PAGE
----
Nordic Nourishment: Power of our Roots

“I love to make a big batch of mixed roots and to use them for several dishes as the week goes on. That way, I can cook a fresh, healthy meal whether I have more than an hour to cook or I need to make a meal within 20 to 30 minutes.” All photography courtesy of Torkil Stavdal

We all come from somewhere, and the foods from our heritage “run in our blood” so to speak. Our digestive systems develop over years or rather centuries of eating foods that are or were local to where our ancestors grew up. It works the same way for blood types, which is why certain blood types digest some food groups more easily than others.

I enjoy teaching how different food groups affect our bodies because our choices then become ingredient based, and with that, we become more intuitive in our food choices and our meal creativity. Not only is food a tool for creating our daily well-being, but it also becomes our medicine cabinet, allowing us to take charge of our health.

ROOT VEGETABLES: ESSENTIAL FOODS FROM EARTH | Root vegetables are one of the most universal foods, but they have developed an undeserved bad reputation. They bring to mind farmer’s food, which we tend to think of as heavy and dense, and because of their complex carbohydrates, they have been vilified by popular diets, insinuating they are “bad” calories that should be avoided.

We end up avoiding them and seeking comfort in processed foods like white bread, and pasta, which are more deserving of the “bad” label. Why is this the case? No, it’s not because we have no willpower, though most of my clients come in with that belief.

It’s because we naturally want and need comfort foods, and that means starches. Starchy foods calm us, ground us and relax us. It’s natural for our bodies to try to find balance, so when we are stressed and tired, a desire for comfort and relaxation is natural. We must be mindful then of choosing foods that both nourish and nurture us.

ROOTS, TUBERS AND BULBS | Root vegetables include carrots, beets, regular and sweet potatoes, yams, parsnips, turnips, rutabagas, parsley root and all members of the onion family. Some root vegetables really are roots, while others are tubers and some – like onions – are bulbs. What they all have in common is that they grow in the earth, under the surface of the soil, and become enlarged through absorption of the earth’s nutrients and minerals.

I say it is time we reclaim our relationship with nourishment, get back to our roots and cook foods that feed not only our desire for sweetness, comfort and relaxation, but also our body’s need for good complex carbs that provide us energy.

making roots
Ingredients for 4 servings
1 and 1/2 cups of chopped carrots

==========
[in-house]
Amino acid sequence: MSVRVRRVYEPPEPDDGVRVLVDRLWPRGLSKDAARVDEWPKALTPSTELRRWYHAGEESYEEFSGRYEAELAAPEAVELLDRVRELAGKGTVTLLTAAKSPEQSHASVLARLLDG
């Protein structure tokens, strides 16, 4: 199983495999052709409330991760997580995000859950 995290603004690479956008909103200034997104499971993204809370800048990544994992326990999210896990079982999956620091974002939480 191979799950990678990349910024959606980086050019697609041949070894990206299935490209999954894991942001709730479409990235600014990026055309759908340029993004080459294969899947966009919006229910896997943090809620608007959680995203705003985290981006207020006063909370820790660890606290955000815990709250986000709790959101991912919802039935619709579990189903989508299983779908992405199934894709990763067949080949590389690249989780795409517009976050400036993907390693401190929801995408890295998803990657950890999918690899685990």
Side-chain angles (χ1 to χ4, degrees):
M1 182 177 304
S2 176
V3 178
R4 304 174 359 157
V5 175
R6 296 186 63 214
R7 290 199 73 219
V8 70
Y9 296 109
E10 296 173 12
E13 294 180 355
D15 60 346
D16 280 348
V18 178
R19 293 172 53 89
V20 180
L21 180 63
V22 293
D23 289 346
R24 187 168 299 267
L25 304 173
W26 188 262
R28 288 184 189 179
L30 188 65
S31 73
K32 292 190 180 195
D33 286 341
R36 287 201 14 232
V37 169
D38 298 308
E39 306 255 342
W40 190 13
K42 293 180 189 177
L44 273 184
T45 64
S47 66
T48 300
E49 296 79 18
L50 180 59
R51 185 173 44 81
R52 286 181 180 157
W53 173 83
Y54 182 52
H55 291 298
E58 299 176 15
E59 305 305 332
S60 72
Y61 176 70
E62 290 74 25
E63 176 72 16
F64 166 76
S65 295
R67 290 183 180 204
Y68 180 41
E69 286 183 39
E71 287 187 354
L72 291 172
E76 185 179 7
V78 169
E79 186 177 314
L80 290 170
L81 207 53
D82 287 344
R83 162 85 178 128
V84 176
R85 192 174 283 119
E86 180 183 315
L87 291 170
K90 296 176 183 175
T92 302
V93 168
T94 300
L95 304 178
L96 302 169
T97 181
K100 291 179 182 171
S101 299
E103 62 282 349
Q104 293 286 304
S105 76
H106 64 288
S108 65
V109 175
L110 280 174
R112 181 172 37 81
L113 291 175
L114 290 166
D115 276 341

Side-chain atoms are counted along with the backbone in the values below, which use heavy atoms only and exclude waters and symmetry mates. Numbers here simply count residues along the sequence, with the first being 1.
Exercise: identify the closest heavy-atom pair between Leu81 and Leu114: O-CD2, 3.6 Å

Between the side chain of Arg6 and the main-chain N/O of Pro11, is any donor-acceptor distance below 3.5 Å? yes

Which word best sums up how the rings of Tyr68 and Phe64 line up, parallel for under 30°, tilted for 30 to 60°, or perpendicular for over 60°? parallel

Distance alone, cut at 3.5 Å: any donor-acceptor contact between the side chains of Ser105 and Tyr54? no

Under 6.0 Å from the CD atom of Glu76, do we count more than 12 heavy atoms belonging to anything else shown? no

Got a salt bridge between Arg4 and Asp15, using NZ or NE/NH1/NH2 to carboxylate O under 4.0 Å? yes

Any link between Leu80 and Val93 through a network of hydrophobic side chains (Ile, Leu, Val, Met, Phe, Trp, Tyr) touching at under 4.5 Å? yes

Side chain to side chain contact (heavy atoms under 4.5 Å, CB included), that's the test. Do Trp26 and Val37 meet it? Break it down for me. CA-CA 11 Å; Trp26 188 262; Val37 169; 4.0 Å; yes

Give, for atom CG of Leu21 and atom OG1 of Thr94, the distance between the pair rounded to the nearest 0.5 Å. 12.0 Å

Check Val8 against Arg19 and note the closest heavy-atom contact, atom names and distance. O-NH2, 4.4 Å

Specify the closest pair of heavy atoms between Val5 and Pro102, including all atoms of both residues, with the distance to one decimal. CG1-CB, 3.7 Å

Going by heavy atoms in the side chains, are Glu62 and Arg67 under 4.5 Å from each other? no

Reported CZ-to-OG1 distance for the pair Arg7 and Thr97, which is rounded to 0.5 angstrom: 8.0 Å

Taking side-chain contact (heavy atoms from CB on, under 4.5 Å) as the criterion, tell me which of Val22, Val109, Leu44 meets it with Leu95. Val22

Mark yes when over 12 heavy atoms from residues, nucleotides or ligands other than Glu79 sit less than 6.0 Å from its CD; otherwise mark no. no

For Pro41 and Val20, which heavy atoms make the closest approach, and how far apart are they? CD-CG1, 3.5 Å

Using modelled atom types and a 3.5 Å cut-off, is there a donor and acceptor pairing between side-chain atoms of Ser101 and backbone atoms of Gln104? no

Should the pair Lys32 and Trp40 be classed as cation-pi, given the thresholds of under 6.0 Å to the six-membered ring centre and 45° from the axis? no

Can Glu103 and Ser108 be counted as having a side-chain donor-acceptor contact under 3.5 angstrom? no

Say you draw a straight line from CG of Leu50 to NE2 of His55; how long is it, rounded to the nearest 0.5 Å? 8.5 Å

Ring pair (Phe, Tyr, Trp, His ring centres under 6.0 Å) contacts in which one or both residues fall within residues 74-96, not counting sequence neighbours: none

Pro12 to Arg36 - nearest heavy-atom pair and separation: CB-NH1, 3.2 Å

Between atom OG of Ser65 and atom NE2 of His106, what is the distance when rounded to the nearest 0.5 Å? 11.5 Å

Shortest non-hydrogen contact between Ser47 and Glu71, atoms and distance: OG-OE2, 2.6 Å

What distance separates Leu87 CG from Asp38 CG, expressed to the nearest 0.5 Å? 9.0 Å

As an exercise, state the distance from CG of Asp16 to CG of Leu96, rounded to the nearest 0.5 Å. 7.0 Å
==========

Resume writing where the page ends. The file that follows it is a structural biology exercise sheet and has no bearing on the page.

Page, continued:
1 and 1/2 cups of chopped yellow beets
1 and 1/2 cups of chopped sweet potato
1 cup of quartered small grape tomatoes
8 whole cloves of garlic
Ingredients for the dressing:
1 tablespoon of grated ginger
3 tablespoons of untoasted sesame oil
1/2 teaspoon of sea salt
1 teaspoon of freshly ground whole black peppercorn
1 tablespoon of dried barberries (can substitute with other tart berries)
1 pinch of chili powder
1/2 teaspoon of turmeric powder
Preheat the oven to 425 degrees. Combine all of the dressing ingredients and stir well. Put the veggies in a baking dish and pour the dressing over them. Bake in the oven for 60 minutes. Stir the veggies about 25 minutes into the cooking time. Add a small amount of water to the bottom of the baking dish if the veggies seem dry.


Ingredients for 4 servings:
1 cup of quinoa
2 and 1/2 cups of water
Dash of sea salt
Olive oil
Freshly ground pepper
Rinse the quinoa well. Combine the quinoa with the water and sea salt, and bring them to a boil. Simmer for 25 minutes until the water is absorbed. Mix with roots and some olive oil, and season with sea salt and freshly ground pepper. Serve with greens.

Ingredients for 4 servings:
1/2 cup of toasted pumpkin
and sunflower seeds, mixed
1/2 cup of rolled oats, gluten free if necessary
1/2 cup of brown rice flour
1/2 cup of millet flour
1/2 cup of buckwheat flour
1/2 teaspoon of aluminum-free baking powder
1/2 teaspoon of sea salt
1 teaspoon of organic thyme
2 tablespoons of coconut oil
2 tablespoons of olive oil or untoasted sesame oil
(plus more to oil pan)
5 tablespoons of unsweetened coconut,
almond or oat milk
5 eggs
Preheat the oven to 350 degrees, and oil a 10-inch tart pan. Grind the seeds in a food processor. Then combine all dry ingredients in a mixing bowl. Add the oil and mix. Pour the milk one tablespoon at a time and mix once again. Finally, knead the dough and make it into a large ball.
Press the flour mix into the tart pan. Depending on how thick you want the crust, you will have some dough left over. Press a fork into the bottom of the crust and bake for 15 minutes.
While the crust is baking, whisk five eggs with one tablespoon of water per egg and one large pinch of sea salt. Add one and a half cups of pre-roasted roots to the egg mixture and stir. Remove the crust from the oven and fill with the roots and egg mix. Finally, bake for another 30-35 minutes at 350 degrees. Serve with greens and eat with friends.
This recipe is adapted and altered from a recipe by Amy Chaplin.


Jeanette Bronée founded Path for Life in 2004 in hopes of bringing awareness to the healing power of learning how our choices affect us. She established the nine-step online Path for Life Self-Nourishment Program based on her integrative, mind-body approach to nourishment, which she developed over the course of a decade by helping clients transform their relationships with food. In addition to her private coaching practice, Bronée is a writer, recipe developer and motivational speaker with a specialty in emotional eating.


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